To determine whether the novel AA and BB interfaces of the nontrimeric form of the mutant PCNA protein affected the structure of the individual domains of each monomer, we determined the root-mean-square deviation between the Cα atoms of the monomers of the trimeric form of the wild-type protein and of the nontrimeric form of the mutant protein. Surprisingly, there are very few differences between the structures of the protein backbones of the individual domains of PCNA in the trimeric and nontrimeric forms (Fig. 5 [triangle]). In the case of domain B, which made structurally similar contacts in both the trimeric form of PCNA (the AB interface) and the nontrimeric form of PCNA (the BB interface), the backbone structures of the domain are very similar, with an r.m.s.d. of 0.3 Å over 105 Cα atoms. In the case of domain A, which made dramatically different contacts in the trimer form (the AB interface) and the nontrimeric form (the AA interface), the backbone structures are slightly less similar, with an r.m.s.d. of 0.9 Å over 118 Cα atoms. Overall, these results indicate that the structures of the individual domains within the PCNA monomers are not significantly impacted by the oligomeric form of PCNA.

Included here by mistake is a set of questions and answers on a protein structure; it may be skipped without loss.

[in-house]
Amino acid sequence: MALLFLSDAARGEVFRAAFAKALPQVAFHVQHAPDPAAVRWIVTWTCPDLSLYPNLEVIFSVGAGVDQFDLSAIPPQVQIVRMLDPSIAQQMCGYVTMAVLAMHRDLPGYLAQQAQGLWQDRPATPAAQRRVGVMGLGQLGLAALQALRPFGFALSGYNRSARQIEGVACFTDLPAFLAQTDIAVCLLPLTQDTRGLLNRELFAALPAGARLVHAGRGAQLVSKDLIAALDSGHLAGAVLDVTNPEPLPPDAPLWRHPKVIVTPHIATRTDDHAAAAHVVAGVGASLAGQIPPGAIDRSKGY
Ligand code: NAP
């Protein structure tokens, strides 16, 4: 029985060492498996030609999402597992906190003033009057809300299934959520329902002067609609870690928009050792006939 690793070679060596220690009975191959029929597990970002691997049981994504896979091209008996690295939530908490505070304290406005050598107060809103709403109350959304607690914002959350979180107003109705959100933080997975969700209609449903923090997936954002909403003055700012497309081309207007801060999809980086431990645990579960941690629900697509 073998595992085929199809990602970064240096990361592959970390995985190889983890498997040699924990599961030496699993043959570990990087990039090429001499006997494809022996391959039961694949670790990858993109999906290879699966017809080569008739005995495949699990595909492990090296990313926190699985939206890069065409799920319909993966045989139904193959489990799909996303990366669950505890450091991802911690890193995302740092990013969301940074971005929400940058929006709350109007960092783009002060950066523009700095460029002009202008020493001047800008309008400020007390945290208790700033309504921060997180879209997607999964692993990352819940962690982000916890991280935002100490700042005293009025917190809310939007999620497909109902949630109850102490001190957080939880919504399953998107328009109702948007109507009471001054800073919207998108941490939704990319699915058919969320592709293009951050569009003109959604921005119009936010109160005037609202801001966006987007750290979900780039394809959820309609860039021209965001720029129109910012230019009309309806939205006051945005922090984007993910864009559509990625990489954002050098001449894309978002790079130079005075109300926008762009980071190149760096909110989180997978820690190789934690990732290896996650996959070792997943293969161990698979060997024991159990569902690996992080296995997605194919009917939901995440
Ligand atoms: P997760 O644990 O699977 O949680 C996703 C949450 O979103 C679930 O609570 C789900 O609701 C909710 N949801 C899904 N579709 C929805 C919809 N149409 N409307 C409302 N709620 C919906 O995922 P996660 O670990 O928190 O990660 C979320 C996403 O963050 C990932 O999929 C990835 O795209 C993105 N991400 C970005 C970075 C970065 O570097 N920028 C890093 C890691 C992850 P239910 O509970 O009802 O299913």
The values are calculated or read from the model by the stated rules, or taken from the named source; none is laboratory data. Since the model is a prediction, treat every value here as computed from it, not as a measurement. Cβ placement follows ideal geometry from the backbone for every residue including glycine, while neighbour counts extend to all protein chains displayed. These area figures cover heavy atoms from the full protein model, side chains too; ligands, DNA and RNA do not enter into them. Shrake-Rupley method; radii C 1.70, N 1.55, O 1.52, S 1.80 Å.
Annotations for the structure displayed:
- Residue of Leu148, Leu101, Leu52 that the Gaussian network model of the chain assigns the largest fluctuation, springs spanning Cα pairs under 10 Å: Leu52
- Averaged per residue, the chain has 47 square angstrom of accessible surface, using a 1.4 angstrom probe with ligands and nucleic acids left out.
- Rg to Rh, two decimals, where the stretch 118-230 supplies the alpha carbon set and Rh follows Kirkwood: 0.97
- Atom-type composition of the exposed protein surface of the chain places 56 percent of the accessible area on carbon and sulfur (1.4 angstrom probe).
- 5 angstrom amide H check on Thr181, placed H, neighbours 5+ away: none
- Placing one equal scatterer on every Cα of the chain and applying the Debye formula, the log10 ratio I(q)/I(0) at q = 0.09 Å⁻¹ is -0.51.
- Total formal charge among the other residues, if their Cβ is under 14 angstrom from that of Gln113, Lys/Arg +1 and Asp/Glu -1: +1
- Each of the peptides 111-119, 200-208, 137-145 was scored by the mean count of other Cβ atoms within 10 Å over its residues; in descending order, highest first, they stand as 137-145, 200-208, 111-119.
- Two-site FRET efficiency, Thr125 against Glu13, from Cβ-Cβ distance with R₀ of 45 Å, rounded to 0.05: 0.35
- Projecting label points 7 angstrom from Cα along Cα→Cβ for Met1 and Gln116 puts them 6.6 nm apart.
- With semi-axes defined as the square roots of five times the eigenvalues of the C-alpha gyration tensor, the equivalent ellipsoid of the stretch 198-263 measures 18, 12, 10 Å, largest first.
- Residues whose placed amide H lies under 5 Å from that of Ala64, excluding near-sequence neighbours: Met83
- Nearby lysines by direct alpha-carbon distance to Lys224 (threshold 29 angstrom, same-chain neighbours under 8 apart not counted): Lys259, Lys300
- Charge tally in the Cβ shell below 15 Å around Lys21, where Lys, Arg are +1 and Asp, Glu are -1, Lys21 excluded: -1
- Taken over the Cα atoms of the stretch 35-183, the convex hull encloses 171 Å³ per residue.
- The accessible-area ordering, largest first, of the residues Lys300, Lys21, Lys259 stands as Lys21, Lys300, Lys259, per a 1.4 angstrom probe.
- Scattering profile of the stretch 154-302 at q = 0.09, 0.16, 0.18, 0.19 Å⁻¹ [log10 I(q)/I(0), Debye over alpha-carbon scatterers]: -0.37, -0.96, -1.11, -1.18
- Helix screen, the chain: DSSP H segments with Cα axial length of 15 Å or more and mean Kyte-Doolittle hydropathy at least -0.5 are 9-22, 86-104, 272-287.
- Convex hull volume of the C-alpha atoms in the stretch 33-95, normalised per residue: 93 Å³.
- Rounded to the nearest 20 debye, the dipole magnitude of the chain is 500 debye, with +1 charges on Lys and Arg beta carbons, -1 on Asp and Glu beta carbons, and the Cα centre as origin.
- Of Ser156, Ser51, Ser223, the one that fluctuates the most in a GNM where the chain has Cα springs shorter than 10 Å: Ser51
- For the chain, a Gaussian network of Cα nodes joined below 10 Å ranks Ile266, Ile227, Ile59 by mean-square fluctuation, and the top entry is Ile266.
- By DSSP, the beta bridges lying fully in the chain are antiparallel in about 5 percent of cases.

Figure 5
Superimposition of the protein backbone of a monomer of the trimeric form of the wild-type PCNA protein and a monomer of the nontrimeric form of the E113G-mutant PCNA protein. Domains A and B of the monomers are separated by a dashed line and the r.m.s.d. ...

3.4. Stability of the trimeric form of the E113G-mutant PCNA protein